The Yen climbed to its highest against the U.S. Dollar since late summer then reversed as Chinese authorities attempted to stabalize the Yuan despite poor economic data and another day of large losses on the Shanghai exchanges.
In Asian trading the Yen rose to 116.70 its strongest agains the U.S. Dollar since August 24th as traders sought the precieved safety of the Japanese economy against the turmoil on the mainland. Japanese markets were closed for a holiday. As of 11:45 am the Yen was at 117.45 in New York.
The Shanghai Composite lost 5.33 percent, 169.7 points to close at 3,016.70, less than 100 points from the August 26th bottom of 2,927. It has lost 14.7 percent in five days of trading this year. The smaller Shenzhen composite shed 6.60 percent to 1,848.10 and is down 19.9 percent this year.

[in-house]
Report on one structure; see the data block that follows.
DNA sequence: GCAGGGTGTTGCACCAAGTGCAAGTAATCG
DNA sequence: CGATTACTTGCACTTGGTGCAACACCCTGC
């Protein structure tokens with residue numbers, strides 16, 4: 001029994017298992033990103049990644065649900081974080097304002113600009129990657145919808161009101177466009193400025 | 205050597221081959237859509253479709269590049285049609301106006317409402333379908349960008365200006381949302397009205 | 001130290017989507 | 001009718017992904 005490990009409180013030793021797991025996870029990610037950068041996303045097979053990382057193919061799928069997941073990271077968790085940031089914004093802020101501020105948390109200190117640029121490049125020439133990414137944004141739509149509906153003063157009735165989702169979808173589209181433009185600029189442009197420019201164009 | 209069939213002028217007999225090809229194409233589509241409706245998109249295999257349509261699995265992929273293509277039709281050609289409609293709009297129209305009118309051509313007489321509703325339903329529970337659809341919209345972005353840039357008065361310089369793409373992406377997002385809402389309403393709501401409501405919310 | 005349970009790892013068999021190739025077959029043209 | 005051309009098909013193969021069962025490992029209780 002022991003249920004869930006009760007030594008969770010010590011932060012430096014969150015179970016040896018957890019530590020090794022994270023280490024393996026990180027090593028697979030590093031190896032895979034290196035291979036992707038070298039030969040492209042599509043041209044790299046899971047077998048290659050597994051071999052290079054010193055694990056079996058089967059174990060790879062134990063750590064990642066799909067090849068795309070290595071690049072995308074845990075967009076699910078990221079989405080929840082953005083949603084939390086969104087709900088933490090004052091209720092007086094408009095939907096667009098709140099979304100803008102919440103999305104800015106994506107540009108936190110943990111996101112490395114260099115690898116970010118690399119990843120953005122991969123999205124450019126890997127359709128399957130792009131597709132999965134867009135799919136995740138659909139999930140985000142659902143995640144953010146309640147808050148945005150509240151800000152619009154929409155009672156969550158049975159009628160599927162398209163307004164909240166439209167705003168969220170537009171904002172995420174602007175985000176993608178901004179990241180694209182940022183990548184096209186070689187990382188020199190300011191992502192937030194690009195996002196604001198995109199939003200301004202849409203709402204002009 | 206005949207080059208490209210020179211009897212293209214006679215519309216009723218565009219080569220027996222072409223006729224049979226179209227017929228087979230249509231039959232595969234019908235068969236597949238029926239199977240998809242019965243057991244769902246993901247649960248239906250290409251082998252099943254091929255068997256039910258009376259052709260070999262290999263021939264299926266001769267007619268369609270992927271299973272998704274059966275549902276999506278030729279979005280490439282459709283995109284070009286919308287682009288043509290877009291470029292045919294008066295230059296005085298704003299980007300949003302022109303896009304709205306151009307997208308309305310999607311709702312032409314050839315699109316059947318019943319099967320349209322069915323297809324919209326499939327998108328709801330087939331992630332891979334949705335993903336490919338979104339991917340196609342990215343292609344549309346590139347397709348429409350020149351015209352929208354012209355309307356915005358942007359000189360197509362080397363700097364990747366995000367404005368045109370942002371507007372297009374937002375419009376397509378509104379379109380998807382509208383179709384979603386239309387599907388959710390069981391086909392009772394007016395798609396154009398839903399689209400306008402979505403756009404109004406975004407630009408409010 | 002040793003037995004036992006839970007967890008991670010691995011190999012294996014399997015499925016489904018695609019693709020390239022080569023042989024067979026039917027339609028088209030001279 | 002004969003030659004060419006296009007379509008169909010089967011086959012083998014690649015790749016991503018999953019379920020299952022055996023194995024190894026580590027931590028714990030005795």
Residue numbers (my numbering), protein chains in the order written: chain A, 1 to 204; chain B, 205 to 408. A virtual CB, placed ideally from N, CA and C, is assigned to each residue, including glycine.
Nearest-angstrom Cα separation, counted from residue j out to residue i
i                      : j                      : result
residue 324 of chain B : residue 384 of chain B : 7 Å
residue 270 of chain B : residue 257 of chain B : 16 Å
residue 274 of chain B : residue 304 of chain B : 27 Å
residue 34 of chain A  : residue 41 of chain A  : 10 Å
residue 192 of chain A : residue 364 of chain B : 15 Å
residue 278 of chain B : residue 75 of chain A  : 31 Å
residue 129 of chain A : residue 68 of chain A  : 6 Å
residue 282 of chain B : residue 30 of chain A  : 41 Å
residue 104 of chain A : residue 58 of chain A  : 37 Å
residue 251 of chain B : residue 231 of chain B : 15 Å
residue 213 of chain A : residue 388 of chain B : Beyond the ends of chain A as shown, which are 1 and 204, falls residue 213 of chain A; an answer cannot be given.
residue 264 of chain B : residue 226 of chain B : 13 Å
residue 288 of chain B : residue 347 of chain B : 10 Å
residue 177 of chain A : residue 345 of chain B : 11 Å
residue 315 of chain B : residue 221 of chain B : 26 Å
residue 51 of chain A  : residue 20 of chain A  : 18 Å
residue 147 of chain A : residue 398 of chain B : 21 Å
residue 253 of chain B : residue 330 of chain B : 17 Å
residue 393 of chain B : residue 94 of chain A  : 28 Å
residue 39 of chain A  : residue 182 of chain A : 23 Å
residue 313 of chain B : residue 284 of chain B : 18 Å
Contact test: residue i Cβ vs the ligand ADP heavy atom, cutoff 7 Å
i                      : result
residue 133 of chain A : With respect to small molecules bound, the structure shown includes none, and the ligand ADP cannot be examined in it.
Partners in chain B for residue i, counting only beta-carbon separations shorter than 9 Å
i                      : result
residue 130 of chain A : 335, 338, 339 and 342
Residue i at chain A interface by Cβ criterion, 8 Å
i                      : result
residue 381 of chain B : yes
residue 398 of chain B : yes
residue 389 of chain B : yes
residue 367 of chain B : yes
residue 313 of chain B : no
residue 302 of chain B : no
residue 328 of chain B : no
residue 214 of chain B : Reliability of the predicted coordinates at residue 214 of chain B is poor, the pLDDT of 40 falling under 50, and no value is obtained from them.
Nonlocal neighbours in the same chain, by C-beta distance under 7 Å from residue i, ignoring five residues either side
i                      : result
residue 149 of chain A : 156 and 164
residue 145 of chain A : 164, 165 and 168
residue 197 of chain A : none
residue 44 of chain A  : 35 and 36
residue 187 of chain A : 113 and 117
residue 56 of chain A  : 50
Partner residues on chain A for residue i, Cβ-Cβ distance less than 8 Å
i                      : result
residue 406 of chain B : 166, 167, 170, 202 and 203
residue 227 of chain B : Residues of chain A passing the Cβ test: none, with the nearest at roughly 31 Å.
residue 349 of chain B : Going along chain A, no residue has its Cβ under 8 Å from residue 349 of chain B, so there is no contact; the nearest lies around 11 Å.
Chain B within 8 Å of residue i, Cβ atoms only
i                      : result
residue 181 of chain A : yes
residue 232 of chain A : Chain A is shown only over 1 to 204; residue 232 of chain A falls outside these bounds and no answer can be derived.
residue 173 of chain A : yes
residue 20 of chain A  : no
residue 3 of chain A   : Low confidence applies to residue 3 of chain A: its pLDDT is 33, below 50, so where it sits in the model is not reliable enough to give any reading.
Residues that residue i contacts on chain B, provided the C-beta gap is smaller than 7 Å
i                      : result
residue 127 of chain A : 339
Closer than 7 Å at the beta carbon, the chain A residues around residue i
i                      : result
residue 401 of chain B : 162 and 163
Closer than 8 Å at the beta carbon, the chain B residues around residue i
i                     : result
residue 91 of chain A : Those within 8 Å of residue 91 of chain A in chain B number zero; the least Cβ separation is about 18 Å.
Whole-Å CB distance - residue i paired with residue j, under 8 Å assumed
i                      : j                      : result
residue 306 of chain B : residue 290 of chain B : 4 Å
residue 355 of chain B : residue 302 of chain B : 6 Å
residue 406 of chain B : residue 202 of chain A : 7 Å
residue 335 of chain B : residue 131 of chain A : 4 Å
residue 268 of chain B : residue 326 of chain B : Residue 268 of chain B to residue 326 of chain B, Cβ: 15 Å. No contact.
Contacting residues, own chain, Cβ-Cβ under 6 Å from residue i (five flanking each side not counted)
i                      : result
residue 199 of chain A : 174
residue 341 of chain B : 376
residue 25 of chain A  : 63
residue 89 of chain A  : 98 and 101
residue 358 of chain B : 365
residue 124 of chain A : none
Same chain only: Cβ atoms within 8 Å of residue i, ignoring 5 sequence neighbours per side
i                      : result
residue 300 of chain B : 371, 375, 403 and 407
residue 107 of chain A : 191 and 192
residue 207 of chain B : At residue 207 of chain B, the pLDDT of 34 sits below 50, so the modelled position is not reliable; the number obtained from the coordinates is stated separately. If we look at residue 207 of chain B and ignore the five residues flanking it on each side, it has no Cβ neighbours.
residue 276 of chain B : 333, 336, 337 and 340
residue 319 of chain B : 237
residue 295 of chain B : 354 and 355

Chinese economic data continued to depict the difficulties caused by the domestic and global economic slowdowns. The consumer price index for December gained 0.5 percent, slightly more than the 0.4 percent forecast and up from flat in November. The annual reading grew less than expected, up to 1.6%, missing the 1.7 percent prediction. However, deflationary pressure higher in the product chain remained strong. The producer price index, printed at -5.9%, the same as the month before and 0.1 percent higher than the median forecast.
The People's Bank of China (PBOC), surprised markets by announcing a Yuan fixing that was stronger than expected, setting the dollar-yuan rate at 6.5626. The figure was slightly below Friday's fixing of 6.5636 and the final traded price of 6.5938.. A lower Yuan rate indicates a stronger Chinese currency.
The Chineses authorities set a mid-rate each day and the Yuan is permitted to trade up to 2 percent on either side in the Shanghai market. The Yuan price in Shanghai is commonly referrede to as the 'on-shore' rate. A separate unregulated currency market for Yuan trades in Hon Kong, called the 'off-shore' Yuan.
Chief Market Strategist